Saturday, December 09, 2006
Mike Fyhrie ANA b. 1969, played 1999-2000
Joe Kelley BRO b. 1871, played 1899-1901, Hall of Fame: 1971 (Veterans), d. 1943-08-14. Principally played in his youth with the National League Baltimore Orioles franchise that went sneakers up in 1899, Kelley was an outstanding centerfielder who also played left, helping lead that team to three straight pennants from 1894 through 1896 in the pre-World Series era. How he became a Dodger is the story of the birth of modern baseball's league structure.
In 1899, Frederick Abell, owner of the stumbling Brooklyn Superbas, and Harry Von der Horst, owner of the Orioles, came together to make a deal. The Orioles had lost their crown to the Boston Braves, and despite a strong second-place finish in 1898, attendance had dropped by half. The Spanish-American war was in full swing, and the public's mind was on other matters; Baltimore wasn't interested in a second-place team. So, Von der Horst and Abell hatched the idea of trading ownership shares, each man owning 40% of the other's club, with the idea of moving the best Baltimore players to Brooklyn, a larger and richer market. Charles Ebbets also bought into the deal, as did Baltimore manager Ned Hanlon.
The deal cleared the way for Kelley, along with Bill Dahlen, Harry Howell, and Dan McFarlan to man the Superbas. Brooklyn immediately became the class of the league, winning a pennant their very first year after a 54-91 finish the year before. Other owners cried foul at the new syndicate; The Sporting News called Von Der Horst, Abell, and company a "malodorous gang", but other clubs quickly aped the new structure, with St. Louis and Cleveland joining up, and Cincinnati and New York, too. Meanwhile, Baltimore collapsed. Ultimately, that team, Washington, Louisville, and Cleveland all vanished, paid by the league to disappear; thanks to the construction of the Brooklyn syndicate, the Superbas picked off their best players one at a time as their old clubs winked out of existence.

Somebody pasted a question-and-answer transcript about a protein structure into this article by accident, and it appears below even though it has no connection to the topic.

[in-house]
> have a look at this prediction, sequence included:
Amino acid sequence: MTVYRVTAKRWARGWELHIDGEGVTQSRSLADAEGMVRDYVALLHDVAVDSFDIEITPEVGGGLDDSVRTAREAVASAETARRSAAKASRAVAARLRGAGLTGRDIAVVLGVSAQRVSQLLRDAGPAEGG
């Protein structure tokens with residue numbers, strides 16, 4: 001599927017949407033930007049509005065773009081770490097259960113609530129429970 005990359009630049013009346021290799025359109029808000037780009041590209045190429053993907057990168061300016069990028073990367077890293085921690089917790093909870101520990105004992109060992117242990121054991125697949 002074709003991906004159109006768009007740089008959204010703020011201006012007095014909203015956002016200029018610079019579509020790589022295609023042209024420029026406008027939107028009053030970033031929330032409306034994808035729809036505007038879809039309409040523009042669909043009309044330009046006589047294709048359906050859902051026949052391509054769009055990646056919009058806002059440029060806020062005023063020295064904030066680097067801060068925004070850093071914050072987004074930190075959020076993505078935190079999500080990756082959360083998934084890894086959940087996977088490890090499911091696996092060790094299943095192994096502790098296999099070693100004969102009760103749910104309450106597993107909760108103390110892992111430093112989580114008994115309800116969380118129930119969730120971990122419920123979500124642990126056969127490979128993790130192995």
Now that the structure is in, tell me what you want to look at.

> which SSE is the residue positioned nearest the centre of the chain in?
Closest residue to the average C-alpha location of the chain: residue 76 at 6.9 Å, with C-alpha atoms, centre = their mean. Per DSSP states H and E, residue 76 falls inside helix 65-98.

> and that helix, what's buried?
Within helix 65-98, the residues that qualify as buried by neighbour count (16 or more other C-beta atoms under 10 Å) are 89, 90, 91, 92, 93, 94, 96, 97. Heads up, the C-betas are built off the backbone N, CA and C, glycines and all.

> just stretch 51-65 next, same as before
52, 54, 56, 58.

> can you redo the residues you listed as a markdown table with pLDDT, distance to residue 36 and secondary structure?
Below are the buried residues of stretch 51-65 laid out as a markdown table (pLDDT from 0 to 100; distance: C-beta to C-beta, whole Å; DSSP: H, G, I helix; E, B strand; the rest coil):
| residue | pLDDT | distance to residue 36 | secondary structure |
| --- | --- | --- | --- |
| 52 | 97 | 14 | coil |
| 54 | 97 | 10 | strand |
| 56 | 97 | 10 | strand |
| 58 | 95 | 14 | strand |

Aside from contraction, syndication had one other noteworthy effect: it laid bare the dullness of a game without a championship series. The old Temple Cup, a title series played by the top two teams in the NL, had been abandoned in 1897 after fans and players alike treated it as an exhibition series. Attendance in non-contending clubs waned after they fell out of the league race. The void opened by contraction sucked in a challenger, Ban Johnson, a sportswriter-turned-promoter whose Western League eventually grew into the American League. In time, that led to the war between the leagues, and ultimately, to the World Series.
Enos Kirkpatrick BRO b. 1884, played 1912-1913, d. 1964-04-14
Chuck Kress BRO b. 1921, played 1954
Juan Samuel LAN b. 1960, played 1990-1992, All-Star: 1984, 1987, 1991. A speedy player who lacked baseball acumen, he nonetheless owns the National League mark for single-season at-bats, with 701 in 1984. He had speed, but was prone to strike out and didn't draw many walks. He could hit for power, but not enough to justify putting him in the cleanup spot. He became a utility player for much of his later career as a result, but was the starting second baseman for the Dodgers at a particularly low point in their history.